This means that there has been an inflation-adjusted decline of 13 percent since 2019 and is due to the progress in battery technology over the last decade, with pack prices declining 88 percent since 2010.
Eventually large, affordable batteries will be essential to weaning the global economy off fossil fuels.
Lithium-ion batteries are currently the key enabling technology for electric vehicles. They are also needed to smooth out the intermittent power generated by windmills and solar panels.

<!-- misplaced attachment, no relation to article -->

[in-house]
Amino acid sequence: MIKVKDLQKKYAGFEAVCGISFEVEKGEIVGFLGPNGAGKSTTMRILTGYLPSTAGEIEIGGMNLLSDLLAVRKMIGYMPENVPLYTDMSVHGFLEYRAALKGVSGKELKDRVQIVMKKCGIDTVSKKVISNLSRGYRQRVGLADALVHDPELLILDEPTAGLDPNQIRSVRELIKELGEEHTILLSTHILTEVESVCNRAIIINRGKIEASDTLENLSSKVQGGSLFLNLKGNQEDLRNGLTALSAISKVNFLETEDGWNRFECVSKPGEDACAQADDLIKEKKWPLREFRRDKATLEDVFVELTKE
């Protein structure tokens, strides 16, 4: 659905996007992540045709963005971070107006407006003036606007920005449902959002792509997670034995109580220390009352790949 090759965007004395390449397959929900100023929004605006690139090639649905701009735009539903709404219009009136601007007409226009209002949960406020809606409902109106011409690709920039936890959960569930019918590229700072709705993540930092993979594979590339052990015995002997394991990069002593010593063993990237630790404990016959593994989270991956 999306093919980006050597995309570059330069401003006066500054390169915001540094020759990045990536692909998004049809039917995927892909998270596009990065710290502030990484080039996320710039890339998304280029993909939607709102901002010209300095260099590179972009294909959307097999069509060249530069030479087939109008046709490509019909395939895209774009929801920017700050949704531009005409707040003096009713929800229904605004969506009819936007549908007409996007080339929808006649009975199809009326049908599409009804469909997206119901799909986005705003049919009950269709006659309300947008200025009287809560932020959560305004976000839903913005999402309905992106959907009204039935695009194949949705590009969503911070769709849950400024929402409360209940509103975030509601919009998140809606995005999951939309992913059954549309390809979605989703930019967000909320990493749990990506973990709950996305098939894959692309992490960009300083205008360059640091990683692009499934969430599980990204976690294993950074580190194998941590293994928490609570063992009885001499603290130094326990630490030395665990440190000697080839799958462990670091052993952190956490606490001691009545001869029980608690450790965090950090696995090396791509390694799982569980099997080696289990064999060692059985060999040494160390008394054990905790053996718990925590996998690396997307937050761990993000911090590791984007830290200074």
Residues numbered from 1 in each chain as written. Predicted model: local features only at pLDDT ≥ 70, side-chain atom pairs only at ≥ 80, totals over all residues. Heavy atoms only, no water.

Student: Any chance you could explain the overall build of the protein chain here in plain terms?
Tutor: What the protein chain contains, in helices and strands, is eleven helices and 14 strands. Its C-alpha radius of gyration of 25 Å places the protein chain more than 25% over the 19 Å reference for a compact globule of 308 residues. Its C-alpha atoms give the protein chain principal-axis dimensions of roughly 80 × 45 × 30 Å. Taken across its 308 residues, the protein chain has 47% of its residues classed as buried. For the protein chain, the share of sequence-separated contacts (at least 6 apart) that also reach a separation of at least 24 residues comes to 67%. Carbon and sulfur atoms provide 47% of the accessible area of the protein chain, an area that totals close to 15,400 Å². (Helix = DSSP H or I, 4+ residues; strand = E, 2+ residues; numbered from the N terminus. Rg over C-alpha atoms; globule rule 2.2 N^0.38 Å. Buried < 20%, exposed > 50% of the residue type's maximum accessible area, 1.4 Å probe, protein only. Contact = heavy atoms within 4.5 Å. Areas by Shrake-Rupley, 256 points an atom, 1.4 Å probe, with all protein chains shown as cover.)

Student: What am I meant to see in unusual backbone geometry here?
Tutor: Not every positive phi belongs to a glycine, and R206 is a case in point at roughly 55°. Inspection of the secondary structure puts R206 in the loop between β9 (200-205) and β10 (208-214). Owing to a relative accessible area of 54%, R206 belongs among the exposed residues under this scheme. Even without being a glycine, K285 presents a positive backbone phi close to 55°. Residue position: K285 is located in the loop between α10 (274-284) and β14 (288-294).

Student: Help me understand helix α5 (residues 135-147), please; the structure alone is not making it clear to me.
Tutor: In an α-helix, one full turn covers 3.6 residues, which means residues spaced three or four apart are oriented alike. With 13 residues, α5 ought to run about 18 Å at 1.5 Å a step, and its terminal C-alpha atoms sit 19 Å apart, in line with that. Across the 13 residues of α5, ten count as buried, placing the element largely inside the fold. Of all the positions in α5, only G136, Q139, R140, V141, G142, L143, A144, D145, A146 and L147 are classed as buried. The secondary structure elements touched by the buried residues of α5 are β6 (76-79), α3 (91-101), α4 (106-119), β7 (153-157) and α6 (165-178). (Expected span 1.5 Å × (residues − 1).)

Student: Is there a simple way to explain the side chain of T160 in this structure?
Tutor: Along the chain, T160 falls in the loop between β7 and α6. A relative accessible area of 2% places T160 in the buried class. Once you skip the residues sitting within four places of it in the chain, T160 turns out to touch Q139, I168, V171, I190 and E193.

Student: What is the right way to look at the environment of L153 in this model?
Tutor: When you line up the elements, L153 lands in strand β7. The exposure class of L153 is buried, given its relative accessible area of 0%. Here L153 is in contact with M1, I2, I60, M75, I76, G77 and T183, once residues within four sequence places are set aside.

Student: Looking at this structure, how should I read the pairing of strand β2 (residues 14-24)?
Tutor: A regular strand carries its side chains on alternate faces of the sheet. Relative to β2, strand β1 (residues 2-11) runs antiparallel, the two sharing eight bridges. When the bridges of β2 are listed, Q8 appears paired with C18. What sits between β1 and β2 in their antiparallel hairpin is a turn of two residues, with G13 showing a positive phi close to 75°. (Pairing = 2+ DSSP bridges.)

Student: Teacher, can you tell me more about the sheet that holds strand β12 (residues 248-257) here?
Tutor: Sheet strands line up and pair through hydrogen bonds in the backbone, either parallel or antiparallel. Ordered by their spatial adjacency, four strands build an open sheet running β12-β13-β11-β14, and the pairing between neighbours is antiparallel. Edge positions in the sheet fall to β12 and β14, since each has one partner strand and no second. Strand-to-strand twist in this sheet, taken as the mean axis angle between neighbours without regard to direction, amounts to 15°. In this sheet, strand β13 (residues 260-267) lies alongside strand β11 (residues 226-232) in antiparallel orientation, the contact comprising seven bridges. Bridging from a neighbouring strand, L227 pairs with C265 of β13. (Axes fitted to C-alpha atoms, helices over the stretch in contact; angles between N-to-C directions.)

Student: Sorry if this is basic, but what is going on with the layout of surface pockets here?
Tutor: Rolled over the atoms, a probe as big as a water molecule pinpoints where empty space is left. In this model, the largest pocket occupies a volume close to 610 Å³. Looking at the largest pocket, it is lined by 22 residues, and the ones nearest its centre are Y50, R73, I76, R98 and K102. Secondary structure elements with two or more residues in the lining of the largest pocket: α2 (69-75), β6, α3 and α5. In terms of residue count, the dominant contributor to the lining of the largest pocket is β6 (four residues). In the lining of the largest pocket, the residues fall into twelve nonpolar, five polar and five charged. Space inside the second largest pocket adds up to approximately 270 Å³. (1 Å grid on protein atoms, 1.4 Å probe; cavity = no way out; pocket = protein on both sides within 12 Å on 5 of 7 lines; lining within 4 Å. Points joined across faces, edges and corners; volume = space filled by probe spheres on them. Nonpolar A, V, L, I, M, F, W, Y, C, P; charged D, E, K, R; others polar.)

This means that batteries are starting to need fewer mandates and subsidies. BloombergNEF estimates that battery-pack prices will fall to $100 per kWh by 2024.
BloombergNEF projects that battery pack prices will fall to $58 per kWh in 2030 and to $44 per kWh in 2035. That's roughly the level necessary for BEVs to be price-competitive with conventional cars without subsidies.
Given that electric vehicles are cheap to charge and will require less maintenance than a conventional car, they will be an increasingly compelling option over the next decade.